Skyscraper Review


Plotline: –

Ten years after having one leg amputated from the knee down during a botched up hostage rescue mission, US war veteran Will Sawyer (Dwayne Johnson) now works as a security consultant and is currently assessing the security of business magnate Zhao Jong Li’s (Chin Han) skyscraper which is currently the world’s tallest building. One fine day, some intruders arrive in the building and set the 96th floor on fire. Though the building is vacant after the 90th floor, it does have a few people living above it including Sawyer’s family.

Can Sawyer save his family? Who were the intruders and why did they start the fire? What’s the conspiracy behind all of the events and why is Sawyer at the centre of it all?


Positive Points: –

  • Skyscraper is engrossing almost throughout its run which is what an action-thriller should be.
  • Dwayne Johnson’s charismatic performance.
  • The cinematography and the visual effects of the movie have a terrific synergy.


Negative Points: –

  • Skyscraper is nothing but Die Hard starring Dwayne Johnson. Not just the central character and his vulnerabilities but even the entire screenplay seem to be heavily inspired by Die Hard.
  • Apart from Johnson, no other actor makes a mark in his or her act though Neve Campbell does come close at one point.
  • Despite all its daring action sequences, the movie fails to induce a sense of awe in the viewer probably because we knew that the hero never dies. *Shrugs*


Direction, Screenplay & Other Technicalities: –


Let’s just even forget about Die Hard and analyse the different entities of Skyscraper, we see uncanny similarities with most Hollywood action flicks in terms of its storyline as well as characterisation. For example, just consider the character Xia in the film. How many times we have seen a ruthless female sidekick to our villains? Now, this is just one example. As one goes on picking up plot-points in it, the number of Hollywood references might tend to be infinite and we aren’t surprised at all! However, it’s the lack of substance in Skyscraper that’s nettling and not the repetitive references imbued in it. As the director, Rawson Marshall Thurber is fine but his screenwriting garners helluva complaints and the reasons have been all aforementioned. Nonetheless, Thurber at least ensures your attention throughout the film’s runtime which is a good trait for any thriller. Though it’s action sequences are good, they are ridiculous at times and just fail to make you gasp even with the most breathtaking stunts and all the credit for the same goes to its predictable premise.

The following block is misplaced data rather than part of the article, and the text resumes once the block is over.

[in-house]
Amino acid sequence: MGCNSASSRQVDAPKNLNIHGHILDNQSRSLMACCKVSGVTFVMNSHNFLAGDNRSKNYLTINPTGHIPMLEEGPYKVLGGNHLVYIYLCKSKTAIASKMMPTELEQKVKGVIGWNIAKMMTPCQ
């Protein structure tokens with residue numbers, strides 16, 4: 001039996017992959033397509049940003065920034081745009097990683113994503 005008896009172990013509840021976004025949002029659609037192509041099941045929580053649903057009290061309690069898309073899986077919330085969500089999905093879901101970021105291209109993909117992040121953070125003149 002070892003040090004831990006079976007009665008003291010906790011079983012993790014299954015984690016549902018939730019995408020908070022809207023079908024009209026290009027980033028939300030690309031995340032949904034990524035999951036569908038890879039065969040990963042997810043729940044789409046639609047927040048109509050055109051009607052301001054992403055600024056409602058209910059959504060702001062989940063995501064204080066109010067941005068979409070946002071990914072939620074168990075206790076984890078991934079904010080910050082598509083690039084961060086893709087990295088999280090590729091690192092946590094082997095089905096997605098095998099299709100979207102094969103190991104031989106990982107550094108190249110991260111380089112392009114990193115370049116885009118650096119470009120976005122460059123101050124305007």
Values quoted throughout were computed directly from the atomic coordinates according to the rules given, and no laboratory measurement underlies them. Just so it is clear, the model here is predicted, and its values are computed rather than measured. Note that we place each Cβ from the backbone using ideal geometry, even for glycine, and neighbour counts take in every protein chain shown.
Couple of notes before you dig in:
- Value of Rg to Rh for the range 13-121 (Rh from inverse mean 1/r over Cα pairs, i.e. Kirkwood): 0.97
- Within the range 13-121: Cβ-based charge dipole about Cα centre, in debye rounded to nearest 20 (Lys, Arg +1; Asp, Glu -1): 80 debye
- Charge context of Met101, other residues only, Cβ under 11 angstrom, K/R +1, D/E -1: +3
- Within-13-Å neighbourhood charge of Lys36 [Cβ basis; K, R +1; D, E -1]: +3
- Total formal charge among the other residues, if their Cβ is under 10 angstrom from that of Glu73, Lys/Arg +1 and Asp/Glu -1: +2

On the brighter side lies Robert Elswit’s impressive cinematography which goes hand in hand with the movie’s stunning visuals. Adding to the flavour are its tight editing and fitting background score which altogether ameliorate the film’s cinematic experience.


Performances: –


This flick belongs to Dwayne Johnson and probably was intended to be so. His very presence is appealing to the audience and eulogizing his abilities to excel in action sequences will be superfluous. However, performing Will Sawyer was simply a five-finger exercise for him (or in fact any actor) and I guess it’s high time that he looked for better roles with more depth and meat in them.

Neve Campbell is good as Sarah Sawyer and is even better when she’s kicking asses in the film.

The rest of the actors are just fine. I don’t understand how an actor as splendid as Noah Taylor landed up with a half-baked role like that. Chin Han was probably the worst actor in the lot as throughout the movie he had just one demeanour and body language.


Final Verdict: –


With blatant references to many Hollywood action-flicks, Skyscraper can be viewed as their pastiche which is entertaining notwithstanding its lack of cohesive narrative. It can be a one-time watch for a generic audience but don’t expect too much from it. It’s your money and your time and hence it’s your call!


RATING: 2.5/5


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